With work from home becoming a norm due to Covid-19, a survey has revealed that 59 per cent men interviewed admitted that work-related stress is affecting their personal lives.
With the pandemic going on and the third wave of Covid-19 approaching, the importance of mental wellbeing along with physical wellbeing has been increasing, according to a survey by job site SCIKEY Market Network.
The survey revealed that 59 per cent men interviewed admitted to work stress affecting their personal lives in comparison to 56 per cent women.
With the work from home norm and increased workload, employees are facing challenges with their jobs, which is taking a toll on their mental health and personal lives, the survey has revealed.
The survey was conducted by SCIKEY Market Network among 2,500 participants across the metro cities in India during June 20-26, 2021.
According to the survey, only 23 per cent men said they can rely on a supervisor when asked about the workplace environment.
About 20 per cent men feel their workplace is not supportive in comparison to 16 per cent women, while 68 per cent men said they are at times distracted during the work hours compared to 77 per cent women respondents, it noted.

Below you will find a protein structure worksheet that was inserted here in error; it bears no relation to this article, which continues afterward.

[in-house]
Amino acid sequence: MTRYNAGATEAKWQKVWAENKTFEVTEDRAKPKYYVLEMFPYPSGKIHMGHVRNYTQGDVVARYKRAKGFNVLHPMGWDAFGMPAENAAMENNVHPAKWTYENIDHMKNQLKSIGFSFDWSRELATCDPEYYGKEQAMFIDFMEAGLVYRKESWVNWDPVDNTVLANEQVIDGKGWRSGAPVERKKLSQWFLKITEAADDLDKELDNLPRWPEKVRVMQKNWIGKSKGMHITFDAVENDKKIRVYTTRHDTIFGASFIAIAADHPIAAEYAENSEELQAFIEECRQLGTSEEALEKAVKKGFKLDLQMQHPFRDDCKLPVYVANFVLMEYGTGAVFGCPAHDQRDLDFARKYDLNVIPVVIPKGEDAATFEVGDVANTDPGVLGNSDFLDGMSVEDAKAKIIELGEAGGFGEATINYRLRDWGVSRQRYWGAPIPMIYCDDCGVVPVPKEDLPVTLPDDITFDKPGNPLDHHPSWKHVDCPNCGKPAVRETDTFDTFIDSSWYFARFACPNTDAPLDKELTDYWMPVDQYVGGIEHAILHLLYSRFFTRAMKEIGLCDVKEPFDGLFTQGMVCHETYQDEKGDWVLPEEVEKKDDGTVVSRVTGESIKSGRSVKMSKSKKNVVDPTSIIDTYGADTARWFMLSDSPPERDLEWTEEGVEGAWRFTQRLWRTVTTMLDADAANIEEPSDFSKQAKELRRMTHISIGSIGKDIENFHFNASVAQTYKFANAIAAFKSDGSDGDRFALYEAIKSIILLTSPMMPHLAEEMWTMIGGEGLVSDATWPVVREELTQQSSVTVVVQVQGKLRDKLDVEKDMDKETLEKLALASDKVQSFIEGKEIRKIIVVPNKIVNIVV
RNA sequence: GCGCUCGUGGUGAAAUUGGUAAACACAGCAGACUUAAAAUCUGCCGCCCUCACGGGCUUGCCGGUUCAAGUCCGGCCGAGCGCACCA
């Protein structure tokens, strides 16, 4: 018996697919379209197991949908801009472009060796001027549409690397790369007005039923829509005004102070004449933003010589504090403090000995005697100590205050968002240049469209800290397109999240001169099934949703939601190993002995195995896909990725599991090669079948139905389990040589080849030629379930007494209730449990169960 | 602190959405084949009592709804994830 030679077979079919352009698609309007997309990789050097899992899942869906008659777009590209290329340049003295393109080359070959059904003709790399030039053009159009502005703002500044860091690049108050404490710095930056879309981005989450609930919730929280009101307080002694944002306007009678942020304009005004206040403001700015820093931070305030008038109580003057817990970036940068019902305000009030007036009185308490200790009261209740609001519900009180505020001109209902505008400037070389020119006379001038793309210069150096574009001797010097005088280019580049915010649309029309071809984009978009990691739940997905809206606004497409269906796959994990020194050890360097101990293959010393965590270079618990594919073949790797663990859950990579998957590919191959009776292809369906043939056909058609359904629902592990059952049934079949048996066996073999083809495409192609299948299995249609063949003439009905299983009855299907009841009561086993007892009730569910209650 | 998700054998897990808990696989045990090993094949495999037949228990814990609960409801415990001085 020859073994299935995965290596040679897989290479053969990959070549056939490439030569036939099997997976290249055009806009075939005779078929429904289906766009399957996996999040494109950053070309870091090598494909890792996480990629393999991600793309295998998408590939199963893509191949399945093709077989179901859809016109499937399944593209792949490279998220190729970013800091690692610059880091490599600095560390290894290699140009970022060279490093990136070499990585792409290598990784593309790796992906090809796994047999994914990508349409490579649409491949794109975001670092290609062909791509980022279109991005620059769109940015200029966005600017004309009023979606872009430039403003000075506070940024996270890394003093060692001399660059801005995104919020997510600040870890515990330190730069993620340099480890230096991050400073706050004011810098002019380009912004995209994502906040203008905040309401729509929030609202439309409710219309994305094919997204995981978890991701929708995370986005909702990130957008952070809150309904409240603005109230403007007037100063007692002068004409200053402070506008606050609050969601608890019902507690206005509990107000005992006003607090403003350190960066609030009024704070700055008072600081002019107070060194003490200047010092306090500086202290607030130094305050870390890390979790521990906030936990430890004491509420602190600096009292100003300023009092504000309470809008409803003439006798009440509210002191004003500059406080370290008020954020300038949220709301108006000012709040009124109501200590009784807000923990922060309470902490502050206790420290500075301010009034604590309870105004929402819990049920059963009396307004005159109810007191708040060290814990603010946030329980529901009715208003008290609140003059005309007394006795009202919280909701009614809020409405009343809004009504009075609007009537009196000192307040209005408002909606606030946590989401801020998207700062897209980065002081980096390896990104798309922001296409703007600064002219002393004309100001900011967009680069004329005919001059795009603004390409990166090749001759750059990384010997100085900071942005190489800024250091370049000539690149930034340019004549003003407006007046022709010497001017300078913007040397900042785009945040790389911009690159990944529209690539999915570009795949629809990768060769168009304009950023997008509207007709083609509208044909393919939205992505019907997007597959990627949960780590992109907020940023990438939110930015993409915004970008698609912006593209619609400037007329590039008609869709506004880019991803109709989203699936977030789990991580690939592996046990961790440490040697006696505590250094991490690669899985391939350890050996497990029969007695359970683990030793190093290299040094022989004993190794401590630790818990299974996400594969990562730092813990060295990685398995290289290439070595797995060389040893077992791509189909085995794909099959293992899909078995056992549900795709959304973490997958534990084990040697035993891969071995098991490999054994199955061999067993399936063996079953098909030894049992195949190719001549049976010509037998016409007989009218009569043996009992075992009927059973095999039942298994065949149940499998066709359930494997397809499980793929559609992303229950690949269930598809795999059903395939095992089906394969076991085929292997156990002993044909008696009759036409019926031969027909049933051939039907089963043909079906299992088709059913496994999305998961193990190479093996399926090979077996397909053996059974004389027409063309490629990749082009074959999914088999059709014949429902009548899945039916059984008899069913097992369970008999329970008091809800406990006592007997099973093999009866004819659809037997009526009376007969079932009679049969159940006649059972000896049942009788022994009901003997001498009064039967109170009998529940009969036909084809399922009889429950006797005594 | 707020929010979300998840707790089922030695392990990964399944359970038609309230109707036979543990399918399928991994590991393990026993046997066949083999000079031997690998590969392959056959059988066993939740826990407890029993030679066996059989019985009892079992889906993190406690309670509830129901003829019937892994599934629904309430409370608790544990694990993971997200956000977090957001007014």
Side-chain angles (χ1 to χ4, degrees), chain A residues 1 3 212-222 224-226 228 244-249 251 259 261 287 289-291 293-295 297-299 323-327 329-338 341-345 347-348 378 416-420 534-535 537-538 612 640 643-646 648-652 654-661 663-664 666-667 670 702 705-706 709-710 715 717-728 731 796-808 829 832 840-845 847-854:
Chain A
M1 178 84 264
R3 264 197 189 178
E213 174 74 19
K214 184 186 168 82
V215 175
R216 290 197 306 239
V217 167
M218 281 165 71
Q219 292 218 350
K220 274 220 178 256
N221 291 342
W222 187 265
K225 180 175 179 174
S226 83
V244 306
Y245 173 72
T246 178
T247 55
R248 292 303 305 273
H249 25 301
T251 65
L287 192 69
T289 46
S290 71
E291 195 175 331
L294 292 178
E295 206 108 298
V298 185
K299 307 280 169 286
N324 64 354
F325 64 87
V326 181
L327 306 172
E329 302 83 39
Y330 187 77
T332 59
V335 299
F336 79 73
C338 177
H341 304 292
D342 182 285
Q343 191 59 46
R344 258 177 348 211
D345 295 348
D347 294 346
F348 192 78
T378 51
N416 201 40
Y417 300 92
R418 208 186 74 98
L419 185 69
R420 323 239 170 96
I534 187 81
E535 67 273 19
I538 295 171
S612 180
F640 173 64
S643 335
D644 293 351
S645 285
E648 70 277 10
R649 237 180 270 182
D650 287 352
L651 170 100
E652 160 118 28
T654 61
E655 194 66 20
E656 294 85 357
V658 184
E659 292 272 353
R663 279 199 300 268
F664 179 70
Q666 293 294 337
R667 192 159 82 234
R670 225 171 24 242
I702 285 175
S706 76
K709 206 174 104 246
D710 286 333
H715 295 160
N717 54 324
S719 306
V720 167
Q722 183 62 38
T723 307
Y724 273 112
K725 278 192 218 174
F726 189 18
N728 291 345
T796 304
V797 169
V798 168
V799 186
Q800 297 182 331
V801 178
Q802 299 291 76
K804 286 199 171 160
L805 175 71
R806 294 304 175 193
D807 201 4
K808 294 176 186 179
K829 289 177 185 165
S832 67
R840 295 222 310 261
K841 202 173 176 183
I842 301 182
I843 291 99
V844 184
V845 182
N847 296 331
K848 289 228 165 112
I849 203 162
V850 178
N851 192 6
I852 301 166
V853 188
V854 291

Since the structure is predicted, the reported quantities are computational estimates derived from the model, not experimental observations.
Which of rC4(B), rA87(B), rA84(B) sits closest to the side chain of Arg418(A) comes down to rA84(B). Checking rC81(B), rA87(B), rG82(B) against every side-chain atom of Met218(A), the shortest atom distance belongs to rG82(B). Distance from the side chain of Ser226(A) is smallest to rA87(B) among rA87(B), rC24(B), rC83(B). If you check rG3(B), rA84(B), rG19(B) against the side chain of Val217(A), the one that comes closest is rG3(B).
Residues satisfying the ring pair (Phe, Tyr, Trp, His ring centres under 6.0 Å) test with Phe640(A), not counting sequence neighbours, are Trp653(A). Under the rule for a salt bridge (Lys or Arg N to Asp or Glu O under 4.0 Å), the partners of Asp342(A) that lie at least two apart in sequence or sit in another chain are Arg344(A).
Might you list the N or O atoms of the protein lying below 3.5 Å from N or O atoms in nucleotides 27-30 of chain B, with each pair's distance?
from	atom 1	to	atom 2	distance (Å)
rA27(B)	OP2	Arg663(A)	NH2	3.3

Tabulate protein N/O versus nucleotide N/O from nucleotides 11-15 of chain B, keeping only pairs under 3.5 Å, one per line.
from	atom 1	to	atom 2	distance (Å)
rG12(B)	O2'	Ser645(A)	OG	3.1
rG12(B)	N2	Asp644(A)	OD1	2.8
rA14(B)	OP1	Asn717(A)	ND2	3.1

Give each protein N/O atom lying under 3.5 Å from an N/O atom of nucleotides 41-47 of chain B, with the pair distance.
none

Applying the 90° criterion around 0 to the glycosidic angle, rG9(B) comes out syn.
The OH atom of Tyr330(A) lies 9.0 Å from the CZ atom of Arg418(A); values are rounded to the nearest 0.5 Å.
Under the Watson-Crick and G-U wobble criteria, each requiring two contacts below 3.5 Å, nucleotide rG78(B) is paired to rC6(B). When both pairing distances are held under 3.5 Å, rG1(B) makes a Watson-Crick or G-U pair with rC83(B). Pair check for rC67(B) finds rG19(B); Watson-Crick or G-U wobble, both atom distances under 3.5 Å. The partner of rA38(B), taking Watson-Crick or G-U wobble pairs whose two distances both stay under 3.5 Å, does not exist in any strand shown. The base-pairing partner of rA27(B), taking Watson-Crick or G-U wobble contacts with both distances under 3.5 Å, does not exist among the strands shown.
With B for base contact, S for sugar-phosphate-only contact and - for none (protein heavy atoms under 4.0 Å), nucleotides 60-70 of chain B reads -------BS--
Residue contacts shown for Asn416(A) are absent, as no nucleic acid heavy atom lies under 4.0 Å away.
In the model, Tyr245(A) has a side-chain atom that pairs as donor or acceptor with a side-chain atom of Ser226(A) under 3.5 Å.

As work has always been an integral factor for most men due to family reliability and responsibility, the job loss has also been a factor contributing to the stress which eventually leads to future concerns, the survey revealed.
Over 22 per cent men have been affected due to the job loss and 60 per cent are concerned about their future, it said.
On the other hand, only 17 per cent women are found to be affected due to the job loss and 27 per cent are worried about their future, it added.
The survey also said that when it comes to workload, only 30 per cent men stated it as an issue and only 25 per cent believed that work expectations are beyond their capacity to deliver.
Although, 35 per cent feel that there is no line between their personal and professional lives, the survey revealed that men found unrealistic deadline (22 per cent), overwhelming number of issues (20 per cent), interpersonal conflicts and violence (7 per cent), poor problem solving (22 per cent) and poor communication (23 per cent) to be the factors contributing to increasing the stress and affecting their personal lives altogether.
Further, the finding suggested that the common symptoms of stress found in men and women respectively are frequent episodes of aggression (40 per cent and 33 per cent), mood swings (52 per cent and 50 per cent), yelling at loved ones (33 per cent and 27 per cent), headache (48 per cent and 67 per cent), and physical tension (20 per cent and 33 per cent).
“The third wave of Covid seems to be approaching soon enough, leading to the extension of work from home, making it challenging for employees to balance personal and work life. The value added to the economy by people who are at work and have or have had mental health problems is currently very high,” SCIKEY Market Network co-founder Karunjit Kumar Dhir said.